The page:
3. Philosophical posthumanism: a philosophical direction that draws on cultural posthumanism, the philosophical strand examines the ethical implications of expanding the circle of moral concern and extending subjectivities beyond the human species.
  4. Posthuman condition: the deconstruction of the human condition by critical theorists.
  5. Posthuman transhumanism: a transhuman ideology and movement which, drawing from posthumanist philosophy, seeks to develop and make available technologies that enable immortality and greatly enhance human intellectual, physical, and psychological capacities in order to achieve a "posthuman future".
  6. AI takeover: A variant of transhumanism in which humans will not be enhanced, but rather eventually replaced by artificial intelligences. Some philosophers and theorists, including Nick Land, promote the view that humans should embrace and accept their eventual demise as a consequence of a technological singularity. This is related to the view of "cosmism", which supports the building of strong artificial intelligence even if it may entail the end of humanity, as in their view it "would be a cosmic tragedy if humanity freezes evolution at the puny human level".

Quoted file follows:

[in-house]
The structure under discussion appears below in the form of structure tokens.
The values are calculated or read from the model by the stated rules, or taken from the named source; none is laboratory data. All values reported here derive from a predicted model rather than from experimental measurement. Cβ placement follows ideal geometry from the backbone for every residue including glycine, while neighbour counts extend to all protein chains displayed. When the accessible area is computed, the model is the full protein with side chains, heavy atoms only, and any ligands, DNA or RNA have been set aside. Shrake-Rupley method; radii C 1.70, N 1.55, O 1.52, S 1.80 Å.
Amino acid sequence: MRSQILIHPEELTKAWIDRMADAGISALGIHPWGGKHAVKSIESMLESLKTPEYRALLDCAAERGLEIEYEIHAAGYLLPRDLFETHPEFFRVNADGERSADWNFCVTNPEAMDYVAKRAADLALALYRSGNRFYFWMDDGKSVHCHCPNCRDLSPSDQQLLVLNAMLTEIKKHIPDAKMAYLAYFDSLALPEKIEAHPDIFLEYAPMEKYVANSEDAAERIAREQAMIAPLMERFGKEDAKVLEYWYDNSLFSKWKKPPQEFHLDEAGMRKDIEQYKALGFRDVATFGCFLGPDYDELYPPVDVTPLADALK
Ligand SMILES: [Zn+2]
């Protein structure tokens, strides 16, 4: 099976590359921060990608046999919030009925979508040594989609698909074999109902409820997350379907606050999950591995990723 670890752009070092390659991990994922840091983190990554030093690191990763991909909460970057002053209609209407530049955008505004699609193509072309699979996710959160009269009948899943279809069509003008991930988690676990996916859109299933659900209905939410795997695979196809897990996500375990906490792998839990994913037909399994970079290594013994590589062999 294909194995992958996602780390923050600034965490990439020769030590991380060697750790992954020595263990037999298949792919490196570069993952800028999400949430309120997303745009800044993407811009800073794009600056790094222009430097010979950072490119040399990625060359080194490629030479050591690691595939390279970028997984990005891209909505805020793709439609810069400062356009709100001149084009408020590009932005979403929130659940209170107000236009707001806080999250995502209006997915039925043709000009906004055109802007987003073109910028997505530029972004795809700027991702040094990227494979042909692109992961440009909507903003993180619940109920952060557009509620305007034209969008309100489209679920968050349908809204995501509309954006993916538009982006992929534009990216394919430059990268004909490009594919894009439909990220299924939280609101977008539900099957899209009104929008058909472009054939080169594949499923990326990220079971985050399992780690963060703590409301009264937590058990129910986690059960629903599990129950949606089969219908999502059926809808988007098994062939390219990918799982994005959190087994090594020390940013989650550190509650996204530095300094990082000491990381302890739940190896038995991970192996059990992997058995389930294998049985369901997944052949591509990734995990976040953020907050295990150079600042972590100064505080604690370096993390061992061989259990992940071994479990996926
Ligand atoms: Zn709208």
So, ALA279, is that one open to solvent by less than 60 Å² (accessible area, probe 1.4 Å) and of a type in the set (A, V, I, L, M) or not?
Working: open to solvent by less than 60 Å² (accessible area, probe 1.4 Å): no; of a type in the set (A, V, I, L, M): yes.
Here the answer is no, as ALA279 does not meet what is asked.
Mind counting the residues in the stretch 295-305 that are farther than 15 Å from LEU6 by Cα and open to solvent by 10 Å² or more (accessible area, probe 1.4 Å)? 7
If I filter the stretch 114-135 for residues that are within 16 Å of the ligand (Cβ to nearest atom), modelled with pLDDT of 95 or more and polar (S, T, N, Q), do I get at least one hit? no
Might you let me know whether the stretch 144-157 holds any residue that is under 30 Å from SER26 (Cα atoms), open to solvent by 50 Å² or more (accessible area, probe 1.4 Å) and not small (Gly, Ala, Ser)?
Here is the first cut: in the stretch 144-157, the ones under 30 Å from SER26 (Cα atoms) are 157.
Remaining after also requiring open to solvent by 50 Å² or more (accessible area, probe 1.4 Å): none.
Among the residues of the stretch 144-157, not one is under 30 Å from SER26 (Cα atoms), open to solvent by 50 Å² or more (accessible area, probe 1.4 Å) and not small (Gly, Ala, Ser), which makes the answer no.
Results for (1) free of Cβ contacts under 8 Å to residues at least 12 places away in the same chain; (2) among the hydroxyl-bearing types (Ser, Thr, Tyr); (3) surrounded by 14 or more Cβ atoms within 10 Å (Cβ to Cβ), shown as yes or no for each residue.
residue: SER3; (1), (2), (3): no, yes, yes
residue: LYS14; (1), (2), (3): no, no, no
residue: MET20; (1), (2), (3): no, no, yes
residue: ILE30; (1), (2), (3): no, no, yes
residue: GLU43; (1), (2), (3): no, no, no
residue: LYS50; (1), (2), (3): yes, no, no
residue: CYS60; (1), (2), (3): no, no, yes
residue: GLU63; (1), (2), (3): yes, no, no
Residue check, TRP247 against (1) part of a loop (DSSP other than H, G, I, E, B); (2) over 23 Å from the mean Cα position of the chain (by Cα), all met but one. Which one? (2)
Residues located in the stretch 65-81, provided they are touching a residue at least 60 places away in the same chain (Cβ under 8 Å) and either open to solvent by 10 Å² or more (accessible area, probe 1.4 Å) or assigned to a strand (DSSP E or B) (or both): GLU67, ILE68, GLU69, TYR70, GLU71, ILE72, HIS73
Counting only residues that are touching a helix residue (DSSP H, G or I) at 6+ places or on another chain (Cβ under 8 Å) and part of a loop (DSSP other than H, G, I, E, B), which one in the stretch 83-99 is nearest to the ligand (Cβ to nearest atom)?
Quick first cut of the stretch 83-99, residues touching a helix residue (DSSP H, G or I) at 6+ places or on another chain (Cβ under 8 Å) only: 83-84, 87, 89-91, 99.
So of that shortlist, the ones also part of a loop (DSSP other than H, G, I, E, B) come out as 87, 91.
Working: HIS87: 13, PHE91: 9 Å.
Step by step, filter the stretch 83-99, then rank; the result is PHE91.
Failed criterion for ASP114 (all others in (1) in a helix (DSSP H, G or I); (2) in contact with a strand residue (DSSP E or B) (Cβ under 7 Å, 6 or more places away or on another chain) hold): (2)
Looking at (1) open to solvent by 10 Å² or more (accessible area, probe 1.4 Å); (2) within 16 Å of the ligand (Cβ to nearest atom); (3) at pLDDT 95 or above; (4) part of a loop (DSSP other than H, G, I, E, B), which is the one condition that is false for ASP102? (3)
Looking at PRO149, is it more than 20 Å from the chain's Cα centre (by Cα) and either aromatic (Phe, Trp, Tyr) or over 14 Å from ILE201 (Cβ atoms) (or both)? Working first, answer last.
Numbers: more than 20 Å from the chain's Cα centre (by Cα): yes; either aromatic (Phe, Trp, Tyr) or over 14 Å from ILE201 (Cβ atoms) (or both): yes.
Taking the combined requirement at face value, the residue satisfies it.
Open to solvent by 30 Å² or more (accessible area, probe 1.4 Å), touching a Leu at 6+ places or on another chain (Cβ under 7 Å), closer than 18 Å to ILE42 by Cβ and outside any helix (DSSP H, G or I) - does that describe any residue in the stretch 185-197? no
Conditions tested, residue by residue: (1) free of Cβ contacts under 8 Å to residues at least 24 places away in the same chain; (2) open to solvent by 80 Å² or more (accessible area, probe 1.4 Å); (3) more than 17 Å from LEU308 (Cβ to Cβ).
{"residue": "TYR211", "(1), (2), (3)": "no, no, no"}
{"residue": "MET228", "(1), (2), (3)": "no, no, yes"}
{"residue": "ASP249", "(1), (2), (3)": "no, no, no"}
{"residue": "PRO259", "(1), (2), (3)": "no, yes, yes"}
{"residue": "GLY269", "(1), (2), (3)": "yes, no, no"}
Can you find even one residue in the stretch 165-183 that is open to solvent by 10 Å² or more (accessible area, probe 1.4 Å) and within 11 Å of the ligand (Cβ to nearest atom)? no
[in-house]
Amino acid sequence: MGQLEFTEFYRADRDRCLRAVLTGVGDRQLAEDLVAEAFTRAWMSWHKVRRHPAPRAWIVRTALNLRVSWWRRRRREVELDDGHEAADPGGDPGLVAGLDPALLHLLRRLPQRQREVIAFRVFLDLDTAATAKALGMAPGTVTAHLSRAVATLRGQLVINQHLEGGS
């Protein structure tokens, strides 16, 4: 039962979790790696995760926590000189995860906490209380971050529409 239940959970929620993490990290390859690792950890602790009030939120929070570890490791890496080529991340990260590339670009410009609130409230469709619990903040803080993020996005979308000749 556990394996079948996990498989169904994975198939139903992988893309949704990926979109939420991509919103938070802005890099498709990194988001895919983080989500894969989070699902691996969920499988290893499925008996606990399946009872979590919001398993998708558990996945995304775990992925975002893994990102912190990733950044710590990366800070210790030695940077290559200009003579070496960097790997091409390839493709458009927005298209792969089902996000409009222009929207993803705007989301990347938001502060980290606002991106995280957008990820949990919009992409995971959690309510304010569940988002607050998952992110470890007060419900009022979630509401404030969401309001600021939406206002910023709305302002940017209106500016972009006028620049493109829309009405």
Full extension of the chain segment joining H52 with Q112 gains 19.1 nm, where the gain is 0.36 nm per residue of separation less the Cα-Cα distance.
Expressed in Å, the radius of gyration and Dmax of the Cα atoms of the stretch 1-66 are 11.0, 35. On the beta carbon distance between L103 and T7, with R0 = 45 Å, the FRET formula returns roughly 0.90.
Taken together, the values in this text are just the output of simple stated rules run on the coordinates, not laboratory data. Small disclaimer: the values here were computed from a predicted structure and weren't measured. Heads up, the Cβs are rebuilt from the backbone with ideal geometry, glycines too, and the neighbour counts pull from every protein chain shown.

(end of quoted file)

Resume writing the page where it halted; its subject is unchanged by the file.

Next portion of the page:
7. Voluntary Human Extinction, which seeks a "posthuman future" that in this case is a future without humans.

A metanarrative is a narrative about narratives of historical meaning, experience, or knowledge, which offers a society legitimation through the anticipated completion of a master idea.

Niles Eldredge is an American biologist and paleontologist, who, along with Stephen Jay Gould, proposed the theory of punctuated equilibrium in 1972.